Low to medium levels of homophobia are often expressed as “I’m fine with it as long as they don’t come on to me,” or similar terms.

  2. Contemplative Activist on June 28, 2005 at 11:38 am

    Its good to hear about the protestors’ integrity. Its important that Zach doesn’t become some kind of poster boy for this issue.

    I don’t understand homophobia either. I suspect there is a fear of the unknown, the breaking of all the taboos we have been brought up with. I know for me, I was somewhat curious when I met a gay person for the first time at uni because I barely imagined such strange exotic creatures existed – much less, living next door and going to lectures with me!!!(They were talked about in church yes, terrible sinners, – but the concept was an alien to me as a foreign religion!)

    But that was my whole university experience for the first year – suddenly realising that the rest of the world aren’t Ulster protestants :D. (I’m sure there are gay Ulster protestants, but they tend to stay in their closets for obvious reasons!)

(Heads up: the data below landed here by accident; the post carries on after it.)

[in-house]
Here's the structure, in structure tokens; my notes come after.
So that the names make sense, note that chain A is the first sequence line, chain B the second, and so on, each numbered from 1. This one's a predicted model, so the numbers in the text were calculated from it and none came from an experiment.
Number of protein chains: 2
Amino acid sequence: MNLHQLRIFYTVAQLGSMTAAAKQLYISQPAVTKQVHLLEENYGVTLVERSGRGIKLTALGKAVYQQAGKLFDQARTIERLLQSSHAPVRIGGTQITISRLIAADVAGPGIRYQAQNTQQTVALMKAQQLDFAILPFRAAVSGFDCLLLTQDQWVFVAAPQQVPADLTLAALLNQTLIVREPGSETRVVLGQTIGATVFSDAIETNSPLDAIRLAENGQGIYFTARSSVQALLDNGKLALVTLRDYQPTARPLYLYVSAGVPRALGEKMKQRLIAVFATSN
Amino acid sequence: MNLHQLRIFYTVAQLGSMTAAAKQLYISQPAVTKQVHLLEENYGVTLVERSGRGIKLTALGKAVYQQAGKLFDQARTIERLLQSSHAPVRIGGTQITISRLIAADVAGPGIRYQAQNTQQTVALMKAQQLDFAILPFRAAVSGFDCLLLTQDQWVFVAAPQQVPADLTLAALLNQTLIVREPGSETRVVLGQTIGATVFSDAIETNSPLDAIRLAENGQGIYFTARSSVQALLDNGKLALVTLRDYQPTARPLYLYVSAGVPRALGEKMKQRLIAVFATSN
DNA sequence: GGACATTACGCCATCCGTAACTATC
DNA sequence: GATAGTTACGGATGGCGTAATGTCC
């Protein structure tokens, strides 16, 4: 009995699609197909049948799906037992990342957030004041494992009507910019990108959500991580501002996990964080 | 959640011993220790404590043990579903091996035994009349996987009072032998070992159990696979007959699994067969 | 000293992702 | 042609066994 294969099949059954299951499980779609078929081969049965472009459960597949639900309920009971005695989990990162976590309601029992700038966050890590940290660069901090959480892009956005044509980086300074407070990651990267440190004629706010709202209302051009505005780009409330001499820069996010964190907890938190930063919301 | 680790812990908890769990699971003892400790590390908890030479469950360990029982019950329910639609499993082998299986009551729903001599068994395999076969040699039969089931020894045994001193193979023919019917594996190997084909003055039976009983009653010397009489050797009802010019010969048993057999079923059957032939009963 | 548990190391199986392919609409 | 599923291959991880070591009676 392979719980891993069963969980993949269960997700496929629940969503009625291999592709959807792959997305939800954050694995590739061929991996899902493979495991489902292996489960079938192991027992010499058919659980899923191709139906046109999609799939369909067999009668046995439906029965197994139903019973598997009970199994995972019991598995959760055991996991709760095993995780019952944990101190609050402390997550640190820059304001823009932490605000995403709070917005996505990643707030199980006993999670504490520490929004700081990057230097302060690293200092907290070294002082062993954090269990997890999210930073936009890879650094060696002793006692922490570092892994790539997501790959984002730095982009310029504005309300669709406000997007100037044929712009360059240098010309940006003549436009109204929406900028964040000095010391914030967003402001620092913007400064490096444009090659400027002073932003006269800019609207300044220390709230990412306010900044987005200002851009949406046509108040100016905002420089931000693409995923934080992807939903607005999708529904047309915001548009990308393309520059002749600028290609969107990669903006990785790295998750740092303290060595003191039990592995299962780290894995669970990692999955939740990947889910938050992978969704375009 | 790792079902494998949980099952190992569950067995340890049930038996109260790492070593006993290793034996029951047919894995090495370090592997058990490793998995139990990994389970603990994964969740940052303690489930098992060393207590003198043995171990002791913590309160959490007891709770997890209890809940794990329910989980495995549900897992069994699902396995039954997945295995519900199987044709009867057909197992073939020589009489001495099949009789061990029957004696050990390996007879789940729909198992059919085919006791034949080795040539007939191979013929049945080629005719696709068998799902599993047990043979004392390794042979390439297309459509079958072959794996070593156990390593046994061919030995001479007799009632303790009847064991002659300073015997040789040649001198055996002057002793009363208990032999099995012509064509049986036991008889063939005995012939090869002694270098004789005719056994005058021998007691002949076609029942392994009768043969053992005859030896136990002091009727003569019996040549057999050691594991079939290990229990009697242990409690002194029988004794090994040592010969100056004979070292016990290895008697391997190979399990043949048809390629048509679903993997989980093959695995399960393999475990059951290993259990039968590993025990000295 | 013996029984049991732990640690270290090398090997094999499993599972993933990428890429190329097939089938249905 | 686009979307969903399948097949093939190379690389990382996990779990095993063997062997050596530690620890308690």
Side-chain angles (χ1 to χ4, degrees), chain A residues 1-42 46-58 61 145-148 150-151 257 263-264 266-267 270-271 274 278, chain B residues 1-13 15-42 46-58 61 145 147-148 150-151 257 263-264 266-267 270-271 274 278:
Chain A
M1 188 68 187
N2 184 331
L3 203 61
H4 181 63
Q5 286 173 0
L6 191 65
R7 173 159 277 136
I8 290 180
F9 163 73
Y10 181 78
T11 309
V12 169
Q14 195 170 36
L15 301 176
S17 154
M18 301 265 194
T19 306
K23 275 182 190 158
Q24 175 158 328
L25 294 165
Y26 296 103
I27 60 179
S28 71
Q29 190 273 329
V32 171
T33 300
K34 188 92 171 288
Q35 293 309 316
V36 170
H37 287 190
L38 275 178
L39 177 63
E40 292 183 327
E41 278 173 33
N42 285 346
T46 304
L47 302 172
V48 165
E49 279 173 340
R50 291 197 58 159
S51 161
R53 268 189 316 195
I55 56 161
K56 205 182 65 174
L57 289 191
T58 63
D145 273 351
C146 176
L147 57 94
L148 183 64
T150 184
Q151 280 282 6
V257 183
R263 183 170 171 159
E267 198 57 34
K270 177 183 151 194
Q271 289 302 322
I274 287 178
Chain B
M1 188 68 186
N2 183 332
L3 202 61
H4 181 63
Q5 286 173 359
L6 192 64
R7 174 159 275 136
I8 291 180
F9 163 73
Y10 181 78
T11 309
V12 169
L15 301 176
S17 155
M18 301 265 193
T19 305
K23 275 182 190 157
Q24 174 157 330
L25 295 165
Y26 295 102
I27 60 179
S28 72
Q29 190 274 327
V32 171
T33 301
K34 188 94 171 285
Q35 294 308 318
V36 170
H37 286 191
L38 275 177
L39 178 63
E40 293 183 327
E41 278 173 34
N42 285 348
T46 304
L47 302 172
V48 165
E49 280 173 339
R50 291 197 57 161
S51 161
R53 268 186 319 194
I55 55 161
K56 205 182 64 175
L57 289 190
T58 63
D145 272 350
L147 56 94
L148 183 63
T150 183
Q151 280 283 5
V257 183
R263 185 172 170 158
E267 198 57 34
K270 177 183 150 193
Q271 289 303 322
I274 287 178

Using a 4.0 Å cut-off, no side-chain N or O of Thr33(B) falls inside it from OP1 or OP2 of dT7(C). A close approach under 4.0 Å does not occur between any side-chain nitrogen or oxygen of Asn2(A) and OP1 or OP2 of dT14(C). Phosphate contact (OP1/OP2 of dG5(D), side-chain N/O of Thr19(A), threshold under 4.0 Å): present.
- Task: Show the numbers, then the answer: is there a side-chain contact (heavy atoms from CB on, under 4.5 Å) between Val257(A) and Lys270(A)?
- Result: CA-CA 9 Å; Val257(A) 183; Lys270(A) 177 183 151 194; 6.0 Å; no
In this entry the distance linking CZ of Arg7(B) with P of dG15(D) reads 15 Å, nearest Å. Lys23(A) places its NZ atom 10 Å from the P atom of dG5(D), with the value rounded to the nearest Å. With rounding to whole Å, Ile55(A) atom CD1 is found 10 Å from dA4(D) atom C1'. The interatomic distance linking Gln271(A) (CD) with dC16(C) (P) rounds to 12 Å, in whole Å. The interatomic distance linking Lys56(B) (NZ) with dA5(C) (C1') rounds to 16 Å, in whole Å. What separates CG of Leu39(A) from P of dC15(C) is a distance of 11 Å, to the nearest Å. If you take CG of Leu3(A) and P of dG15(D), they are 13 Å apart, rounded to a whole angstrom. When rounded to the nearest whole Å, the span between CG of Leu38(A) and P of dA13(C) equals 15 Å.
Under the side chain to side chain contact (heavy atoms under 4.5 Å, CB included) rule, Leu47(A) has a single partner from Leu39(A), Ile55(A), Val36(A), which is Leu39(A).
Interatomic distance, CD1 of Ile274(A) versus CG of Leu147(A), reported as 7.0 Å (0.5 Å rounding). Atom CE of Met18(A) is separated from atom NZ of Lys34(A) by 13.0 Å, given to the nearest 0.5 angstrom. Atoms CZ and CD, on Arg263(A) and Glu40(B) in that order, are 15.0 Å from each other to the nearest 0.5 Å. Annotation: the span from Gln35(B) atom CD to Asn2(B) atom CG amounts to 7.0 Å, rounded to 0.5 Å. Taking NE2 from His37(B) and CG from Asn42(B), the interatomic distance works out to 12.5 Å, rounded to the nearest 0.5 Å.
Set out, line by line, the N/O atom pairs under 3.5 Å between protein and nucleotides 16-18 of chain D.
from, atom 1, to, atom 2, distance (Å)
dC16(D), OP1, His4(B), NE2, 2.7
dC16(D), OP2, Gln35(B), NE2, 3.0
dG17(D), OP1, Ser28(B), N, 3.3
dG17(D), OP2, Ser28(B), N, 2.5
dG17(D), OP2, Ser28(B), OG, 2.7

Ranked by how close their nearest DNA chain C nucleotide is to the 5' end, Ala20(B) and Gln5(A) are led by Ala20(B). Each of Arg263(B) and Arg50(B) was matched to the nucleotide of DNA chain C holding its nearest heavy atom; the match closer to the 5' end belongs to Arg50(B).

I suspect people are scared by something they find alien, imagining that gay people are somehow another kind of species. What most people need to see are gay people being themselves so as to realise that they are people too.

  3. Agius on June 28, 2005 at 1:11 pm

    Perhaps it’s just the continuation of strong-father modeled behavior? The only way to show their own worth is to oppress others, and we’re the latest, greatest threat to God and Authority?

    I also think it’s easier to persecute gay people because we CAN go back in the closet and pretend to be something else; something women and racial minorities have a much harder time with. That’s why exgay programs exist, and why they are such an important part of the fundamentalist antigay movement.